Thoughts From County Native and Arlington Public Library Director, Diane Kresh
In accepting this award, we, the staff of Arlington Public Library, are simply building on the groundwork laid by the remarkable women of Arlington in the early days of the 20th century. They had no money, no books, no knowledge of library procedures. But what they did have was vision, heart and moxie. Operating out of spaces scrounged from likely and unlikely places–a double garage, a school, a storefront, the second floor of a bank, a venerable town hall, a fire house–these mighty women, known variously as the Cherrydale League of Women Voters, the Women’s Civic Club of Clarendon, the Arlington Community Club, the Jefferson District Women’s Club, the Library Committee of the Aurora Hills Garden Club grew Arlington Public Library one book and one building at a time.
And they were not afraid of doing it for themselves.
When a roof leaked over a circulation desk at one location, they plugged the hole with blotter paper. When they needed money for books and supplies, they baked and sponsored lectures. When the properties their libraries were housed in sold, they packed and took their shows down the road, to other locations.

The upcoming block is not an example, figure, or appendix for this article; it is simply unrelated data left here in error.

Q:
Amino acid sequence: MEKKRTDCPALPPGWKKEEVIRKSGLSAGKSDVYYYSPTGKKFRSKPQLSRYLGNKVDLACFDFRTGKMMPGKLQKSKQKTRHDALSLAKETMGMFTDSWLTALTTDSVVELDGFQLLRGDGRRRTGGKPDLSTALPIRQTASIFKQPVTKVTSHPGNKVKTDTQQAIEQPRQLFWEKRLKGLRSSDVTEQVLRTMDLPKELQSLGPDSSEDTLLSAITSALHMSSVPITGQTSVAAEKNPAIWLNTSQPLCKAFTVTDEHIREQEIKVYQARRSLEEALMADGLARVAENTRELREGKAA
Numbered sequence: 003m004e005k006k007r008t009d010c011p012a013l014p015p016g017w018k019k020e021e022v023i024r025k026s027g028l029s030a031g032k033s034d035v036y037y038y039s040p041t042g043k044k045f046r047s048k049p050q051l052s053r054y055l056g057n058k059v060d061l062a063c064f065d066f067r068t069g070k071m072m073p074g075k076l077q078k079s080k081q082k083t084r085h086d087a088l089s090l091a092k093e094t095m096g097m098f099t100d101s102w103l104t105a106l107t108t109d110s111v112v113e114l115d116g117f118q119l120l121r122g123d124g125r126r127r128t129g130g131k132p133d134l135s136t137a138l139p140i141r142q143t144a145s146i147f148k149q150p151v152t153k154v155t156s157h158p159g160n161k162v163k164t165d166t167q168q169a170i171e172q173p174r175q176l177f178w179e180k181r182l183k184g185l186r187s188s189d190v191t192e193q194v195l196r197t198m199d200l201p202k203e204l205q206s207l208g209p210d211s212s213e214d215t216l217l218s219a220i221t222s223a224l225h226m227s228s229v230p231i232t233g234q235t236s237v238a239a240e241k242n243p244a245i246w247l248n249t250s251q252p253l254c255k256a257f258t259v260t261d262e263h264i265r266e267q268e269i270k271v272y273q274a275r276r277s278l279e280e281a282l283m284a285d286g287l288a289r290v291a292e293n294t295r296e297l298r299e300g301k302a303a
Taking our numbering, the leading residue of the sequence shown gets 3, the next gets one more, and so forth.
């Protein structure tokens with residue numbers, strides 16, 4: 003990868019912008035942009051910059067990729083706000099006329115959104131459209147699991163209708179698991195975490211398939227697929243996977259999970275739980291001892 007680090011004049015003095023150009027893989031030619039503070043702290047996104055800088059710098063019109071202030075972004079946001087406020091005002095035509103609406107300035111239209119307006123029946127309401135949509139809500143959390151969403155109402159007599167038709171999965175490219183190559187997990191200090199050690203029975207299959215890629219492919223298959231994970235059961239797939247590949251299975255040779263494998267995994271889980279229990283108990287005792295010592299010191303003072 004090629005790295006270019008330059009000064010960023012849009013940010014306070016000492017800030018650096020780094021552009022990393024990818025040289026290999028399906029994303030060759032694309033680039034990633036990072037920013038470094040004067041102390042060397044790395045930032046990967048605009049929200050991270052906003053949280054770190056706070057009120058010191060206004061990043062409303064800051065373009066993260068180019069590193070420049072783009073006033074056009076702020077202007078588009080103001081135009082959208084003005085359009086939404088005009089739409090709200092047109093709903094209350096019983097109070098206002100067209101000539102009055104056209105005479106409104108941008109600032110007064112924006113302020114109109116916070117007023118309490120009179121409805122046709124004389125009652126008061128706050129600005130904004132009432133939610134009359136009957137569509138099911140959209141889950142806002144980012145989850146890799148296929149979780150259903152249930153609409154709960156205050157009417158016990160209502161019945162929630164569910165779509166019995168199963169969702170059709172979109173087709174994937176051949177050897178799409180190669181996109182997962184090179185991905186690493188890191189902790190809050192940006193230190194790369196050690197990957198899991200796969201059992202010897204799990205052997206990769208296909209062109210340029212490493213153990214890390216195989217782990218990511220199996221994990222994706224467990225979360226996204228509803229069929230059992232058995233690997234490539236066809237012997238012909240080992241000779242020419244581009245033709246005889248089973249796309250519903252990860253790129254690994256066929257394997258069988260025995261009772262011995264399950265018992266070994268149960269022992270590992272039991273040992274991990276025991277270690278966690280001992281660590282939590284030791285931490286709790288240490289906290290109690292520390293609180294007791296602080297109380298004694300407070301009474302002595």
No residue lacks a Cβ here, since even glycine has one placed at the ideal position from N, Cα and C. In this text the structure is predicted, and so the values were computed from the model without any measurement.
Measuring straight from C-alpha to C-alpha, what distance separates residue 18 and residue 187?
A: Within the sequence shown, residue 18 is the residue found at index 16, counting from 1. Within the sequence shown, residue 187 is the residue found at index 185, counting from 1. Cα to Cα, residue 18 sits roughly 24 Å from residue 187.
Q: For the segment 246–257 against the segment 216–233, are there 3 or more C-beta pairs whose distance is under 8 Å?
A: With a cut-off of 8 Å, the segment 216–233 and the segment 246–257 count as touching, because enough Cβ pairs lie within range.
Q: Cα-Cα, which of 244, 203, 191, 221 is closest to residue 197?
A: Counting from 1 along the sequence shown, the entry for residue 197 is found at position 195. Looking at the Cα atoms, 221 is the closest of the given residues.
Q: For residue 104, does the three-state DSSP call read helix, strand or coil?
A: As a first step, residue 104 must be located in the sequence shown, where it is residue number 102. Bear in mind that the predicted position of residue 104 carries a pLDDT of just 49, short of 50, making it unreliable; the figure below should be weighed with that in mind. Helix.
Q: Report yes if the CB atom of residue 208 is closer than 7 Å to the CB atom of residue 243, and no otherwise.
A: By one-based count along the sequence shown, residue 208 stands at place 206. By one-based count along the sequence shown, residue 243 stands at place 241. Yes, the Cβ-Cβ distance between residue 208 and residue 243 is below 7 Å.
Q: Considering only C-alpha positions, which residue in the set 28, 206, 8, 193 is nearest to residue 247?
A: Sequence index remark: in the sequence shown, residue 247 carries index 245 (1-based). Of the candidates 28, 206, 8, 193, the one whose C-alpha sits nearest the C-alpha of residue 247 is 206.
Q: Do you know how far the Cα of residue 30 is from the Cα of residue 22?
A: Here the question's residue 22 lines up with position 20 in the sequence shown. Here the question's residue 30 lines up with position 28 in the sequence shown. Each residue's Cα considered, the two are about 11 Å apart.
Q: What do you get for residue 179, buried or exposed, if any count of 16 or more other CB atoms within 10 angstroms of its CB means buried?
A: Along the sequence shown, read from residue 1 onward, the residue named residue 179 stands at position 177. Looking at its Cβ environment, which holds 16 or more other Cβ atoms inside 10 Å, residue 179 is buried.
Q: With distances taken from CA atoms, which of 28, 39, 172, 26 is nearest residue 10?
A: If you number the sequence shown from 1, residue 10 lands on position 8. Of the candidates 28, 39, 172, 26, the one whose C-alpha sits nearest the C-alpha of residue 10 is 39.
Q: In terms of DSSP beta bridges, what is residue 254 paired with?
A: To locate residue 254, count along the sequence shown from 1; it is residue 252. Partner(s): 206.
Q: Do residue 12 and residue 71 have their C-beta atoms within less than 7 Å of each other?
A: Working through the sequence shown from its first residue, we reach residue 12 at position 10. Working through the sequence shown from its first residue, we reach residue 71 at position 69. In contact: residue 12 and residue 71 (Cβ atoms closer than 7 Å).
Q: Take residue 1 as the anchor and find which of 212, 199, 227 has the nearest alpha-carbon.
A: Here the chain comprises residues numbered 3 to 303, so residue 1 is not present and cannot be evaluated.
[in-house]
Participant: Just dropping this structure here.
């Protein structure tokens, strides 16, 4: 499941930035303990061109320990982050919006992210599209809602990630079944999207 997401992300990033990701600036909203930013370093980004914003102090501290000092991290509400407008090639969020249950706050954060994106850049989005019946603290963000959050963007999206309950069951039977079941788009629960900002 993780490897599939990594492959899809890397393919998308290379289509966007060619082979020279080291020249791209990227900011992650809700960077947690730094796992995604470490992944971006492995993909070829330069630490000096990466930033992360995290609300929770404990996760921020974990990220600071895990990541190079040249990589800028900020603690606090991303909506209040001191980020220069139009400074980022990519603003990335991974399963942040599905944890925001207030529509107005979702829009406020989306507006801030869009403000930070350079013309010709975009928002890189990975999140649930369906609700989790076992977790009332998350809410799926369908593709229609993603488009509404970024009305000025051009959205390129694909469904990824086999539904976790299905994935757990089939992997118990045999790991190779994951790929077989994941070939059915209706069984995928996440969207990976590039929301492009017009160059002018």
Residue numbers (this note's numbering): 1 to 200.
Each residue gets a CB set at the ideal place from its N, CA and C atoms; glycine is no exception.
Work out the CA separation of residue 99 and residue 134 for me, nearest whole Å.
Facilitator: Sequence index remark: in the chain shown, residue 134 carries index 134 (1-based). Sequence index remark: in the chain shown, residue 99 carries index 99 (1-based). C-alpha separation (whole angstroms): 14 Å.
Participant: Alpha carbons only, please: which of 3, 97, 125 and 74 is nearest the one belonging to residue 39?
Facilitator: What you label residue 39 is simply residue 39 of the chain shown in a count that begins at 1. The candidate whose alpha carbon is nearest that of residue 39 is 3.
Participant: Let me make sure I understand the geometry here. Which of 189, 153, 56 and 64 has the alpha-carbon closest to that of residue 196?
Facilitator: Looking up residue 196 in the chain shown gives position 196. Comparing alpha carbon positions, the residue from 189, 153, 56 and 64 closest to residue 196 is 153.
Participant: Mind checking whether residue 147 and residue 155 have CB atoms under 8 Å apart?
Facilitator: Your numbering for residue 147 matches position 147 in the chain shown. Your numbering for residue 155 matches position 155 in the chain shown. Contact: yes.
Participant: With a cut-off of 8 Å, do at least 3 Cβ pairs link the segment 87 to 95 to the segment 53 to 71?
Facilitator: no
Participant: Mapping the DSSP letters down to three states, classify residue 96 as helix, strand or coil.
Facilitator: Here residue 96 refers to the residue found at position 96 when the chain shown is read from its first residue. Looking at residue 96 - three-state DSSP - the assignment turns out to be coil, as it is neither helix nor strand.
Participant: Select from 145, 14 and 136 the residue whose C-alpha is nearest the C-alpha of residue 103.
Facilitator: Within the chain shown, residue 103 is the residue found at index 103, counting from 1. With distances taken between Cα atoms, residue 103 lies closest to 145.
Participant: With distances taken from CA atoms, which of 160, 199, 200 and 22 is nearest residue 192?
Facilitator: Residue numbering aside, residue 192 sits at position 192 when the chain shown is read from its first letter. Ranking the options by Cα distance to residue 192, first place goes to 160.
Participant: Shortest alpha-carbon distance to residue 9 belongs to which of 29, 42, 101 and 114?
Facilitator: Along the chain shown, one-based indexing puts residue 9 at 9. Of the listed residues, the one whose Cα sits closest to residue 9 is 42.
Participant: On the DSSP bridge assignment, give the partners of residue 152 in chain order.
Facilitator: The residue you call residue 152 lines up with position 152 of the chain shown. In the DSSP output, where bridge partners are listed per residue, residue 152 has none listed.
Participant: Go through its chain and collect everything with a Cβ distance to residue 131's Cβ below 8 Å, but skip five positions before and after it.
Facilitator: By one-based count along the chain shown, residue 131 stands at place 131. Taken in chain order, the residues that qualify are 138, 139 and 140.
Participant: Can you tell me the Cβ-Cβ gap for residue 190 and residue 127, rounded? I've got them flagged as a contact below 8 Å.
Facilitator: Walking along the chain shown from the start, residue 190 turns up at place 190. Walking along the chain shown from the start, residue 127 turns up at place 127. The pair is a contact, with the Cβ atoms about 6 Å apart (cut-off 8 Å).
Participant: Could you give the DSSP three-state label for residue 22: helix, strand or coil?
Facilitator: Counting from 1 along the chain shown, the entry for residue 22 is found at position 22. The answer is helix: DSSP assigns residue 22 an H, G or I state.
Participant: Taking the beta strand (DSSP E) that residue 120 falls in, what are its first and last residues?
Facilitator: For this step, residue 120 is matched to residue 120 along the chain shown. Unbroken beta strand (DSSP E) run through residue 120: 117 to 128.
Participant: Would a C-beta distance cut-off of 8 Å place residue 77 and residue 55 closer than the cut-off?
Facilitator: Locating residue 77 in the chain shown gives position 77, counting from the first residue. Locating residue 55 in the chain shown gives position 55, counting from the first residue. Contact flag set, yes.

In 1937, “the libraries” became a department within the County government with an annual budget of $3500 and a newly minted trained librarian. The goal was to begin to create the system of seven branches plus Central we enjoy today. Mrs. Nat Hynes, Mrs. Fred A. Lyons, Mrs. Frances V. Speek, Mrs. C.C. Nikiforoff and many others, hometown heroes whose names you won’t come across in the standard history texts, but whose collective will and determination speaks volumes. Ms. Robert Livingston summed it up best when she said in an article that appeared in the Washington Star in 1938: “Where there’s a woman’s will in a good cause, she generally finds the way, if she refuses to become discouraged.” I think it’s safe to say that this was a bunch of women who did not get discouraged.
The facts in this brief entry are courtesy of the Virginia Room of the Arlington Public Library, a treasure trove of Arlington’s unsung heroes if there ever was one. So if you are reading this, thank a librarian.And thanks for learning with us.
See you again soon.